Vietnam News

Illegal miners chase dreams of gold in central Vietnam

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In a jungle of Quang Nam, miners crawl through deep tunnels searching for luck before a raid by authorities forces them to run for cover.

In Phuoc Duc Commune of central Quang Nam Province’s Phuoc Son District, Tuan, 24, mines gold illegally with a friend, having invested in equipment, hired a few associates, and set up shop in the forest.

The tunnels they dig are mostly supported by bare rock alone, the stifling air inside making it hard to breathe and see despite the availability of flashlights.

Those with experience say gold can usually be found on rocky cliffs, where miners patiently dig and haul soil outside using carts.

“Tunnels zigzag up and down deep below ground,” Tuan said.

After two hours, miners usually surface for fresh air and a drink of water. They utilize a power generator and crusher to pulverize the excavated stone and soil before filtration, hoping to find some gold.

Tuan, short and dark, from central Nghe An Province, has done many jobs since childhood, previously supplying a gold mining company with firewood.

Having grown up among gold miners, Tuan has earned VND4 million ($172.5) per month. After tyingthe knot, he decided to settle down in central Quang Nam Province.

In 2017, the company’s license expired, forcing Tuan to quit and work for several other gold bosses, who all ended up empty handed, and out of pocket.

In 2019, he borrowed money to buy his own power generator and crusher and set up his own dig inside the forest. Over the past 12 months, he has fled several official raids, losing his equipment at one stage. Regardless, Tuan has never given up on his dream.

After hiding for several days, he borrowed more money, bought more gear, and started from scratch.

He knows what he is doing is illegal, but “it is too difficult to make money at home, so I have to stick with this job, to hopefully set myself up in some other trade.”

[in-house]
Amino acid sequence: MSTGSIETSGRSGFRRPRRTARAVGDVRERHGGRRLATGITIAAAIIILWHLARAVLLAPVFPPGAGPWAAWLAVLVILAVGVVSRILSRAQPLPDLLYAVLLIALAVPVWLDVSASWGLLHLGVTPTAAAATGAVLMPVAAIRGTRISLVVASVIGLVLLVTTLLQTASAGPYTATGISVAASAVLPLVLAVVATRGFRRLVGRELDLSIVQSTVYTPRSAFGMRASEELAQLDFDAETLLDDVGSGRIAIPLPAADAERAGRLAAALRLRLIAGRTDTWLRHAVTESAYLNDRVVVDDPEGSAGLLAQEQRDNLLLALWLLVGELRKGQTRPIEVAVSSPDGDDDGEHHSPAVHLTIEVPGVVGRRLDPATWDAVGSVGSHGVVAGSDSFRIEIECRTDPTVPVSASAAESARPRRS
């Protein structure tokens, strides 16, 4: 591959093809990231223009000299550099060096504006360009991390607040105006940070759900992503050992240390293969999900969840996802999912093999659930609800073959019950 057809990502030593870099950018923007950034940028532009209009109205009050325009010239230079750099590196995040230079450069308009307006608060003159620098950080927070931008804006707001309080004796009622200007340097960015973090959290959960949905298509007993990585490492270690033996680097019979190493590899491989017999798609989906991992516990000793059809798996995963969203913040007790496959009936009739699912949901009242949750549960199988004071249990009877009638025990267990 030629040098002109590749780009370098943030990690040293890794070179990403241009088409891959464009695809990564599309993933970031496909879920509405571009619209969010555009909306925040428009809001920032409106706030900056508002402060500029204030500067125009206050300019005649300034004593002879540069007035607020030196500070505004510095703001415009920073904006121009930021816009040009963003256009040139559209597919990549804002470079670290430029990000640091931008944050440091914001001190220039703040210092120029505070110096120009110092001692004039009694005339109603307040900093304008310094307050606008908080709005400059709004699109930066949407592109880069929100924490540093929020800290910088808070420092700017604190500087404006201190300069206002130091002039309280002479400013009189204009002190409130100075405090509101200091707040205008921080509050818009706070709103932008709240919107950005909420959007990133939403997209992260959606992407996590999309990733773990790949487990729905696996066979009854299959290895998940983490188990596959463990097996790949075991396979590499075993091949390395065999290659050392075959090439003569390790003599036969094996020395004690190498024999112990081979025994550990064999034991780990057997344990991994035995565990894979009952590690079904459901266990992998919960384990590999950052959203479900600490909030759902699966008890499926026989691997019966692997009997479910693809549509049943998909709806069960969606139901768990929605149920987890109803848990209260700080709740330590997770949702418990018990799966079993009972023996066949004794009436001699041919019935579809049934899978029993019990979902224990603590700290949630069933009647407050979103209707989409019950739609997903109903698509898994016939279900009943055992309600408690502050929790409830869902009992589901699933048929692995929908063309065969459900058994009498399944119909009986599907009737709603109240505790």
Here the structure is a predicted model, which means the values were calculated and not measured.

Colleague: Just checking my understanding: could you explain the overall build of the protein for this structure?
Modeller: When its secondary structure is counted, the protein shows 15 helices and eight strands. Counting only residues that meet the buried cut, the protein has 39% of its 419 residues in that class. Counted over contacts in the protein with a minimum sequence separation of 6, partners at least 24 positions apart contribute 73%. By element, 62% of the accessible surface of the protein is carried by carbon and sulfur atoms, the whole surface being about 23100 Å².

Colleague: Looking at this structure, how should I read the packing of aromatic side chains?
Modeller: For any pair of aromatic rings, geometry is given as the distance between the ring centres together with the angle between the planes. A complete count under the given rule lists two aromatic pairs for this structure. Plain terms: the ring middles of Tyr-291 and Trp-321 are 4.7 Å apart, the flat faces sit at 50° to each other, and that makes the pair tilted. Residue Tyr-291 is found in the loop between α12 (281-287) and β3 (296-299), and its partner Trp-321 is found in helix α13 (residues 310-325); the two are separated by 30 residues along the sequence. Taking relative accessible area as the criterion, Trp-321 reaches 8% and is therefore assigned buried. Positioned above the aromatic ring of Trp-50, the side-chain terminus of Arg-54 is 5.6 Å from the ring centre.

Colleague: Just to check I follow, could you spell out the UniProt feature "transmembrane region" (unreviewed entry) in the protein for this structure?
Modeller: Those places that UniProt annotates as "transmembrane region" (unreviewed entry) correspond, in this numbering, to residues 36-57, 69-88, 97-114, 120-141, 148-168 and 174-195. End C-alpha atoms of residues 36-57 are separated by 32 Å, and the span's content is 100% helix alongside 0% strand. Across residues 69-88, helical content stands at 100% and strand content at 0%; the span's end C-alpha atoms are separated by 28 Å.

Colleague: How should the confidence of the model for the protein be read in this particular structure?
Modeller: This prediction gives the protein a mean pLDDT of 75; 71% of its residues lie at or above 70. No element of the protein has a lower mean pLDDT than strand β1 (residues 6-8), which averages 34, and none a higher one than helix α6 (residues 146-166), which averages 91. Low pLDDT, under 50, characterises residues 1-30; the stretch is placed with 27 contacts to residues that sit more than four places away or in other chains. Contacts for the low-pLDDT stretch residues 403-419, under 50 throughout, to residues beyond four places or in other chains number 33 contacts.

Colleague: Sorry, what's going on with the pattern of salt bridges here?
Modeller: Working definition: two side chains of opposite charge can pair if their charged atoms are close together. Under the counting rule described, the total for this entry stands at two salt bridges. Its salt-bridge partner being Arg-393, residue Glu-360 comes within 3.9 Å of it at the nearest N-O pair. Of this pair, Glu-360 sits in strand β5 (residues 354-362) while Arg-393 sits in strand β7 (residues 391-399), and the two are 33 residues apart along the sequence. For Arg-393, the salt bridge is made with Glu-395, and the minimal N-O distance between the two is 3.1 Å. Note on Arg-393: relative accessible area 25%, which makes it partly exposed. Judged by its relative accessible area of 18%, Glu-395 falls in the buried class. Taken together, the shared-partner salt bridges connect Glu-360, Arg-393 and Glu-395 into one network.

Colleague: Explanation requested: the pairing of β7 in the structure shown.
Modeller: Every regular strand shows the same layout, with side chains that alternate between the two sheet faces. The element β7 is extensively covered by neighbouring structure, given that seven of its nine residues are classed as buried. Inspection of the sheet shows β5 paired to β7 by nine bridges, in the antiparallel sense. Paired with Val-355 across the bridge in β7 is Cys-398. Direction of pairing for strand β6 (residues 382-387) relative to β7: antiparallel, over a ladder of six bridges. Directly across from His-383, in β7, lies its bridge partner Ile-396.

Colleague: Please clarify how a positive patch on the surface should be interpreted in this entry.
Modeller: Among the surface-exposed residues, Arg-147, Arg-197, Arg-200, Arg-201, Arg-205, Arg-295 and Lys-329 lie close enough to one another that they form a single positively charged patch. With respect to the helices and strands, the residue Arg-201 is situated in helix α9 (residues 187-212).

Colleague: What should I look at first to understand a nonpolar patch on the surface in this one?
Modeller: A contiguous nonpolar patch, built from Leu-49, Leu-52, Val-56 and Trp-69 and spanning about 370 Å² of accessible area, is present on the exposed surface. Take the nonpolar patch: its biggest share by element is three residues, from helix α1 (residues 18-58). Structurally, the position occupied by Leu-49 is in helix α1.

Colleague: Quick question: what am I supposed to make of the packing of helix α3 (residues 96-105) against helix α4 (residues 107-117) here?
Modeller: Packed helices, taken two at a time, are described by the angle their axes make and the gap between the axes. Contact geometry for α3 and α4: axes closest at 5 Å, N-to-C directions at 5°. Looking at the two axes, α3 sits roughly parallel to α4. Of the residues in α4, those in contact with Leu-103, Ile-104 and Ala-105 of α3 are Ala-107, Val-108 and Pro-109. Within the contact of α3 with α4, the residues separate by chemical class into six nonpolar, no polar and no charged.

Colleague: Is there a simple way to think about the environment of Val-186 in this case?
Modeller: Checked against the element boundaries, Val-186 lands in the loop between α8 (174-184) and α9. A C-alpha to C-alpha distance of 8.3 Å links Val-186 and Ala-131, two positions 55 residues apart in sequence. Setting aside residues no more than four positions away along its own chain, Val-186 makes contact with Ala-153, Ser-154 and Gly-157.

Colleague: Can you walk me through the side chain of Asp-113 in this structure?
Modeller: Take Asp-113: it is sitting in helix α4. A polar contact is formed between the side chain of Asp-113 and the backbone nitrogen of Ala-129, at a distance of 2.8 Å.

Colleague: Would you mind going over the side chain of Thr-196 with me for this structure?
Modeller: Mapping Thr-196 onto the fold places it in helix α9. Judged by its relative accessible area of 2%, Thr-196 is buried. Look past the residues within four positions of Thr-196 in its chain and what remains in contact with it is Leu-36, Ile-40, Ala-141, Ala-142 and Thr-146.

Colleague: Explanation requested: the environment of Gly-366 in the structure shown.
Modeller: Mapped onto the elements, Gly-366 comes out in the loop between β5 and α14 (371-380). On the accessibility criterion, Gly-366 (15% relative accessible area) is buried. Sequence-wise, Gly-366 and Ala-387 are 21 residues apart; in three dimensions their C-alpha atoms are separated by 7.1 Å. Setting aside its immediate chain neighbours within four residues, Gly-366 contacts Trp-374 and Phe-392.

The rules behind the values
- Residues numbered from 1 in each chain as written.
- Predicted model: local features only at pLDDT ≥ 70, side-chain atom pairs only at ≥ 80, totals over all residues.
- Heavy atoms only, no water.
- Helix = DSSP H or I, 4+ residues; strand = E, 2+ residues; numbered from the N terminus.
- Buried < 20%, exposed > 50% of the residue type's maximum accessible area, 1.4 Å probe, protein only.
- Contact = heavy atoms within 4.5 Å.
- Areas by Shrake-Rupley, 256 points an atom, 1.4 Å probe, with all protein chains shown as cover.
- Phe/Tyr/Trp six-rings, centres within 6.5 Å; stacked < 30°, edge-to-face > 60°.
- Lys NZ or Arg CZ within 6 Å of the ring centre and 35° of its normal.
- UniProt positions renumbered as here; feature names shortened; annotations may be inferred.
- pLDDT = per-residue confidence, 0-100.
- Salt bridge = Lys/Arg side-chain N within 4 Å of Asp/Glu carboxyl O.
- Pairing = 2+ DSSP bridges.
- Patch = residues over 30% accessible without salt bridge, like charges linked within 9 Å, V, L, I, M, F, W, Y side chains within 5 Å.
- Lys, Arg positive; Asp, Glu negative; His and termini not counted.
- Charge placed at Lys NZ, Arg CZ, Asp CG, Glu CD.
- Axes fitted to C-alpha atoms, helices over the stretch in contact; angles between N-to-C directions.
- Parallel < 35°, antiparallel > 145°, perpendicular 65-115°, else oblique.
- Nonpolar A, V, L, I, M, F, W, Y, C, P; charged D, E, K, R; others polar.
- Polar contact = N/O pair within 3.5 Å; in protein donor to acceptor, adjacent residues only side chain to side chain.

Nearby, Ha is also nursing a golden dream. Having set up a small hut in which to sleep at night, he hired two helpers whom he pays VND6 million ($259.4) per month each. During the day, they continuously dig and crush soil.

Over 25 years ago, Ha left his hometown in central Thua Thien Hue Province for Phuoc Son Dictrict in Quang Ngai to become a gold miner. Years later, the family man has mastered the trade.

Like many other illegal gold miners, Ha runs for cover whenever local authorities execute a raid. All of his machines have been destroyed at some point or another, but without affecting his outlook.

After dozens of years in the jungle, Ha always burns incense and prays for luck before entering the tunnels, where many have lost their lives.

In November 2017, a landslide claimed six miners.

Earlier that year, three men from northern Thai Nguyen Province came to Phuoc Son looking for gold. They worked for a boss in Phuoc Hoa Commune and earned VND5 million ($216.16) per month.

Soon after, their boss quit, prompting the trio to invest in their own equipment and set up their own dig.

In October 2017, the three employed 16 men from central Nghe An Province and northern Lai Chau Province, splitting the work into two shifts, one from 6 a.m. to 5 p.m., the other from 6 p.m. to 5 a.m.

In November, a hurricane hit Quang Nam, causing severe floods. At 11 a.m. on November 5, 2017, trying to rescue their gear, the landslide swept away six of the men.

Another accident occurred last year, in Phuoc Kim Province, killing one miner. Two others were jailed for one year on charges of violating the law on natural resource exploitation.

“This job is dangerous and hard, but gold mining has been with us nearly half our lives, so we can’t give it up,” Ha confessed.

“I hope luck would smile on me at least once, then I would bid farewell to this job and enjoy old age.”

By Dac Thanh – – July 22, 2020

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